Planning to spurn the romantic billowing of curtains for the sleek aesthetics of blinds? We got you covered.
Curtains or blinds? That’s the dilemma every home owner faces when it comes to shielding their windows to protect their modesty. While curtains undoubtedly add warmth to a room, they do add a certain ‘weight’ too. For rooms that are already small or have small windows, this may make the room look claustrophobic. Blinds may offer an alternative. With the large array of blinds in all materials and types to suit home themes ranging from Scandinavian to industry-chic, homeowners are spoiled for choice. Here’s a glossary of the common ones.
Most common and popular style. When you pull a string at the side, the horizontal slats raise and each slat is pressed into the one above it. Comes in various materials like wood, faux wood, plastic, metal or aluminium. Also available in Mini blinds (usually with slats of about 1” thick) or Micro blinds (usually about 0.5” thick).
Feature individual vertical slats that run along a track at the top of the blind. Popular for patio doors or floor to ceiling windows.
Great for very large windows for patio doors. These come in sections which move along a track when you open or close them.
Functions like the horizontal Venetian blinds but Pleated Shades are made from one piece of material (usually fabric or paper) that folds like an accordion as it is raised or lowered. Offers a softer option to Venetian blinds.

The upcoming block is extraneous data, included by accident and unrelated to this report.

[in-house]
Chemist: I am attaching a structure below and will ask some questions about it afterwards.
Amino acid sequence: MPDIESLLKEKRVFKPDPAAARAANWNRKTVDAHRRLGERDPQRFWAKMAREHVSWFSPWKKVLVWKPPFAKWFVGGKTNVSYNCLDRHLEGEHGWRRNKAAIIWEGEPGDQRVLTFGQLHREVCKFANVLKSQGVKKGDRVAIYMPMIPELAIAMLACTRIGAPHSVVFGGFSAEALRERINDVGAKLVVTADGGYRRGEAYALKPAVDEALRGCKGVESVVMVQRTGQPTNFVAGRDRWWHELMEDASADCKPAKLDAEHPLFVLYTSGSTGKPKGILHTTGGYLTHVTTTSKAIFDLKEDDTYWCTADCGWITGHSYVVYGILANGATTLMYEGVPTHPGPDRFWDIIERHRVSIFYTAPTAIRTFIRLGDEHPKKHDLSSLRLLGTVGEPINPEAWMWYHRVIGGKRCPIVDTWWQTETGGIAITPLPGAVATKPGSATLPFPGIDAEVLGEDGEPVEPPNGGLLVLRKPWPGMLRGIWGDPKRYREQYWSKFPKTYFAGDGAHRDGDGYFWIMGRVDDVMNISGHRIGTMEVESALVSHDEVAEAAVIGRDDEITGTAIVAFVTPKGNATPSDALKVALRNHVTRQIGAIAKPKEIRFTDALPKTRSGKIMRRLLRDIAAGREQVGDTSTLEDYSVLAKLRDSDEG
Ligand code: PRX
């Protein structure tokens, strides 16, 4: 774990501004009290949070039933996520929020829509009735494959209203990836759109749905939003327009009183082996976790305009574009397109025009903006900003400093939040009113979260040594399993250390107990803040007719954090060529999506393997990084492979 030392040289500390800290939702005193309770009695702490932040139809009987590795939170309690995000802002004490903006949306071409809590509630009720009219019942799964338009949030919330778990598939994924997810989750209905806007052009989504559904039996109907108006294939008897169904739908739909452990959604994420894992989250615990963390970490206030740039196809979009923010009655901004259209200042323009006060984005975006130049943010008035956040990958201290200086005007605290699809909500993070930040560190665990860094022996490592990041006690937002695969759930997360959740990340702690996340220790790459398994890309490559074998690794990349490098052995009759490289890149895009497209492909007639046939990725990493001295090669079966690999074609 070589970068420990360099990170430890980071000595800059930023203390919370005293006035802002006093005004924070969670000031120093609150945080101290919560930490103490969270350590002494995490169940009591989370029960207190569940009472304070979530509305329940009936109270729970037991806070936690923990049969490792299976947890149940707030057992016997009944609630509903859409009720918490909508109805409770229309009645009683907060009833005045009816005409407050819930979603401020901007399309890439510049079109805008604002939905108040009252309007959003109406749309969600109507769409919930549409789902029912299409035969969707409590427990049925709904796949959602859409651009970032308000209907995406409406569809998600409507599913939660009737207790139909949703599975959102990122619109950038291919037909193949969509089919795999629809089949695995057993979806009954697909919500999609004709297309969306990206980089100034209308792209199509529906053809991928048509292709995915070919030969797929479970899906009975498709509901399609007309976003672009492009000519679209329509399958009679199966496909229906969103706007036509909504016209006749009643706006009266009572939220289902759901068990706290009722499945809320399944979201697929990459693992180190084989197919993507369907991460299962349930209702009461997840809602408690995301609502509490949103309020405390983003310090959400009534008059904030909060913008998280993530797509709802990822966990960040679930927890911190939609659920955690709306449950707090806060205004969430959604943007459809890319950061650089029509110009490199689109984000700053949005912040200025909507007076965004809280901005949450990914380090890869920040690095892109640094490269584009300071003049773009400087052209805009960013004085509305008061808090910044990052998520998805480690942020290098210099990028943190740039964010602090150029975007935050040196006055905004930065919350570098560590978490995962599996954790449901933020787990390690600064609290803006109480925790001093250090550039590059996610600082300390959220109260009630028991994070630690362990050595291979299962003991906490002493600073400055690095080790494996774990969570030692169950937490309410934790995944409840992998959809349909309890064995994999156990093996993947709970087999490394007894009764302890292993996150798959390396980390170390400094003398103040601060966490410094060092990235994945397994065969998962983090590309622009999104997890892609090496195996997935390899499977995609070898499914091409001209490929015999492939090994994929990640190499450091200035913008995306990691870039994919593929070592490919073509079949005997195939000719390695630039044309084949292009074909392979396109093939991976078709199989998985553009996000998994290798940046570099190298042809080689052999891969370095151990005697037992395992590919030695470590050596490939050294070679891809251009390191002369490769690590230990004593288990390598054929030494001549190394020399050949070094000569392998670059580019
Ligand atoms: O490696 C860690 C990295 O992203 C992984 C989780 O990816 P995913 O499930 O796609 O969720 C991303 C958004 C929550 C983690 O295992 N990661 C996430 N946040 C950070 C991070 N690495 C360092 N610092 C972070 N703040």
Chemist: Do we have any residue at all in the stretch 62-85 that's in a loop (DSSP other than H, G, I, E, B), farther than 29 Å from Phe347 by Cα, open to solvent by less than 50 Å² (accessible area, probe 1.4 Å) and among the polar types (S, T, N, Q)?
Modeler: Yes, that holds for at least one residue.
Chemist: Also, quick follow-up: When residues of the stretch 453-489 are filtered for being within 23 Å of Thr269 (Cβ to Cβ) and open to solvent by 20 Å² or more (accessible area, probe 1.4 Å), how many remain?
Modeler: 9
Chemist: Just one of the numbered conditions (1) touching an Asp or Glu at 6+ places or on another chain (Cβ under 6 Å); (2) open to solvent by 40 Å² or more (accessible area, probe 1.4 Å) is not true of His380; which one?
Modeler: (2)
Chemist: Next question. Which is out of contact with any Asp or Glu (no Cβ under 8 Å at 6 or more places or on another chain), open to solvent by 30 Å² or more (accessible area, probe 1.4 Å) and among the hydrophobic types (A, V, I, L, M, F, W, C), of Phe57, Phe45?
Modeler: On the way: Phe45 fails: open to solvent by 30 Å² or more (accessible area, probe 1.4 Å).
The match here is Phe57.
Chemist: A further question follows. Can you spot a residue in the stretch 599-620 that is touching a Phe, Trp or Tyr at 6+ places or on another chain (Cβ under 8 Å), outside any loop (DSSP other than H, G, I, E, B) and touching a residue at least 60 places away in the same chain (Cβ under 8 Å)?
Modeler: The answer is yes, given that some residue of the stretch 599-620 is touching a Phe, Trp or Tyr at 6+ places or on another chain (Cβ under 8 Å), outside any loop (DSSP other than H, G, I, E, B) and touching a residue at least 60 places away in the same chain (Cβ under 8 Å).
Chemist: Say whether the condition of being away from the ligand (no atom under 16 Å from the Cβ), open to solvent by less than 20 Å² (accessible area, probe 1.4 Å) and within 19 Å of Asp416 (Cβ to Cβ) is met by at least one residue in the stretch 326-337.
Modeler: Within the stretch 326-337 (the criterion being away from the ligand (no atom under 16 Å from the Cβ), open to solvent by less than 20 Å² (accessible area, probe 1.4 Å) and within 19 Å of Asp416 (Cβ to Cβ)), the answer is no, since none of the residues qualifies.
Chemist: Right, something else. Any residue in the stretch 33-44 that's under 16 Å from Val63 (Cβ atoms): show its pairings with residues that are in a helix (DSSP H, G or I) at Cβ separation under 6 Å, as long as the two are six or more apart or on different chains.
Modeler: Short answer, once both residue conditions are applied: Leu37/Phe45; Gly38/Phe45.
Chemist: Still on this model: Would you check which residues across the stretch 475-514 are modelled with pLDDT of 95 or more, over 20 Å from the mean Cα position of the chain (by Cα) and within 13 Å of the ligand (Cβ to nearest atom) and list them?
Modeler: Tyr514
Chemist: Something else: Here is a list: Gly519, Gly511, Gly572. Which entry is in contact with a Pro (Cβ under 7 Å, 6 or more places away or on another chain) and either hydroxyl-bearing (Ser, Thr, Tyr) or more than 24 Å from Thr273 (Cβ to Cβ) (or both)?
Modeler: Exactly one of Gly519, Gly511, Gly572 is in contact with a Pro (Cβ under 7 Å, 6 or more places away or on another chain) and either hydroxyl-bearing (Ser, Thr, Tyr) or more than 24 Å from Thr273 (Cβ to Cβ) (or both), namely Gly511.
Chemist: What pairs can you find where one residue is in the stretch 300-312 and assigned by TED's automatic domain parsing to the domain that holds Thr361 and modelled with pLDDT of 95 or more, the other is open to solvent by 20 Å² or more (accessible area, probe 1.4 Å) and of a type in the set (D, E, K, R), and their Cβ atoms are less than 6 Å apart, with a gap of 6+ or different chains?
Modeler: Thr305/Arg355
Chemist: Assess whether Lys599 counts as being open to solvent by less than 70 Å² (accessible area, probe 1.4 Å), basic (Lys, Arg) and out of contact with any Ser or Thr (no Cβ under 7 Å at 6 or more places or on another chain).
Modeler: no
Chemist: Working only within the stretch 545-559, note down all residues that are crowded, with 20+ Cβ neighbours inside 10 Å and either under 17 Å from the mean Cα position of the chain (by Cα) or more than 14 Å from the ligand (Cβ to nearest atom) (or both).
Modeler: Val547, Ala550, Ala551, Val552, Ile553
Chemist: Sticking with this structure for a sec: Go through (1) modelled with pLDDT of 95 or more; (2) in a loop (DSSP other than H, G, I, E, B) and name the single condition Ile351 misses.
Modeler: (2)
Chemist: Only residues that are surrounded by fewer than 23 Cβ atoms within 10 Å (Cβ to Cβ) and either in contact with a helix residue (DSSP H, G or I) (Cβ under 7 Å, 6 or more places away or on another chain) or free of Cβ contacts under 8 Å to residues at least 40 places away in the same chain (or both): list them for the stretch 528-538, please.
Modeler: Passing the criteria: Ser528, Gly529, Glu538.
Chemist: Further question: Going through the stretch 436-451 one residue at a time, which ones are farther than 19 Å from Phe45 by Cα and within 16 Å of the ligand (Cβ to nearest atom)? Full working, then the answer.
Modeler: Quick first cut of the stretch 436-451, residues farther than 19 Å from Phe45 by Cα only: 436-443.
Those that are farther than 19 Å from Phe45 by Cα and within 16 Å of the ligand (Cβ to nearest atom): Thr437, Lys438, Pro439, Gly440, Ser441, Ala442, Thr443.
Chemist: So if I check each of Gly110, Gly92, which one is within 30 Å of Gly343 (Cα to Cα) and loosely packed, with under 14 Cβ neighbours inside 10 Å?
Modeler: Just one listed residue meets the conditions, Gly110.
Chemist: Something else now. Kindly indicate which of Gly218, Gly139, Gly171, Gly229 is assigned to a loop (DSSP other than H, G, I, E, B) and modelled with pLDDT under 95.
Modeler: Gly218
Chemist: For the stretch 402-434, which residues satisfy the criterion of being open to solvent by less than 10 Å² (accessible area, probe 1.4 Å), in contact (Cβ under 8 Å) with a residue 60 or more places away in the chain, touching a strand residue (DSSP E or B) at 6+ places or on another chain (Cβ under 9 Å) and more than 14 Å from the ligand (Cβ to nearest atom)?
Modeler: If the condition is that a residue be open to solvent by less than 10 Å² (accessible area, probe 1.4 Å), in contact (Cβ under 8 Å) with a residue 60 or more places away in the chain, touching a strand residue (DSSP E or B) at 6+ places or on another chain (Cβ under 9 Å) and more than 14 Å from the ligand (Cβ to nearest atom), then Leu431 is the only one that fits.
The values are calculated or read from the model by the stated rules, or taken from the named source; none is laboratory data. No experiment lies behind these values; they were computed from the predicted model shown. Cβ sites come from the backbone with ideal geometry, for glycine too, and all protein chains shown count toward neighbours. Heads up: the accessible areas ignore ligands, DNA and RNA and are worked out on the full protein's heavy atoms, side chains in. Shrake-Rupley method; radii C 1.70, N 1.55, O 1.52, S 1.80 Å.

Looks like cells, as the name suggests. Made of similar materials as Pleated Shades but instead of just one accordion-like piece, cellular shades consist of two pieces glued together to form an open middle pocket. This provides insulation, which works great to block out some noise as well as keep homes warm in winter or cool in summer.
A traditional style that is still much loved today. Made of fabric of various weights and thickness. Go fancy with glossy faux silk to dress up your room, or opt for polyester/cotton blends, linen, damasks or Jacquard fabrics in a dizzying array of colours and patterns. To block out light more efficiently, you can add blackout linings. Thermal linings are available if you live in wintry conditions.
Made from synthetic or natural fabrics, Roller Shades are very easy to use as you just have to roll them up and down. Prices range from very affordable ones with simple mechanism in full display, to higherend nes with valances and cornices. Also come with blackout and thermal linings.
A hybrid of blinds and curtains, these are made from one piece of fabric and comes with ties at the bottom of the shade. To raise the shade, you roll it up and then tie it in place. This pretty style adds a soft touch and looks great in a country-style home!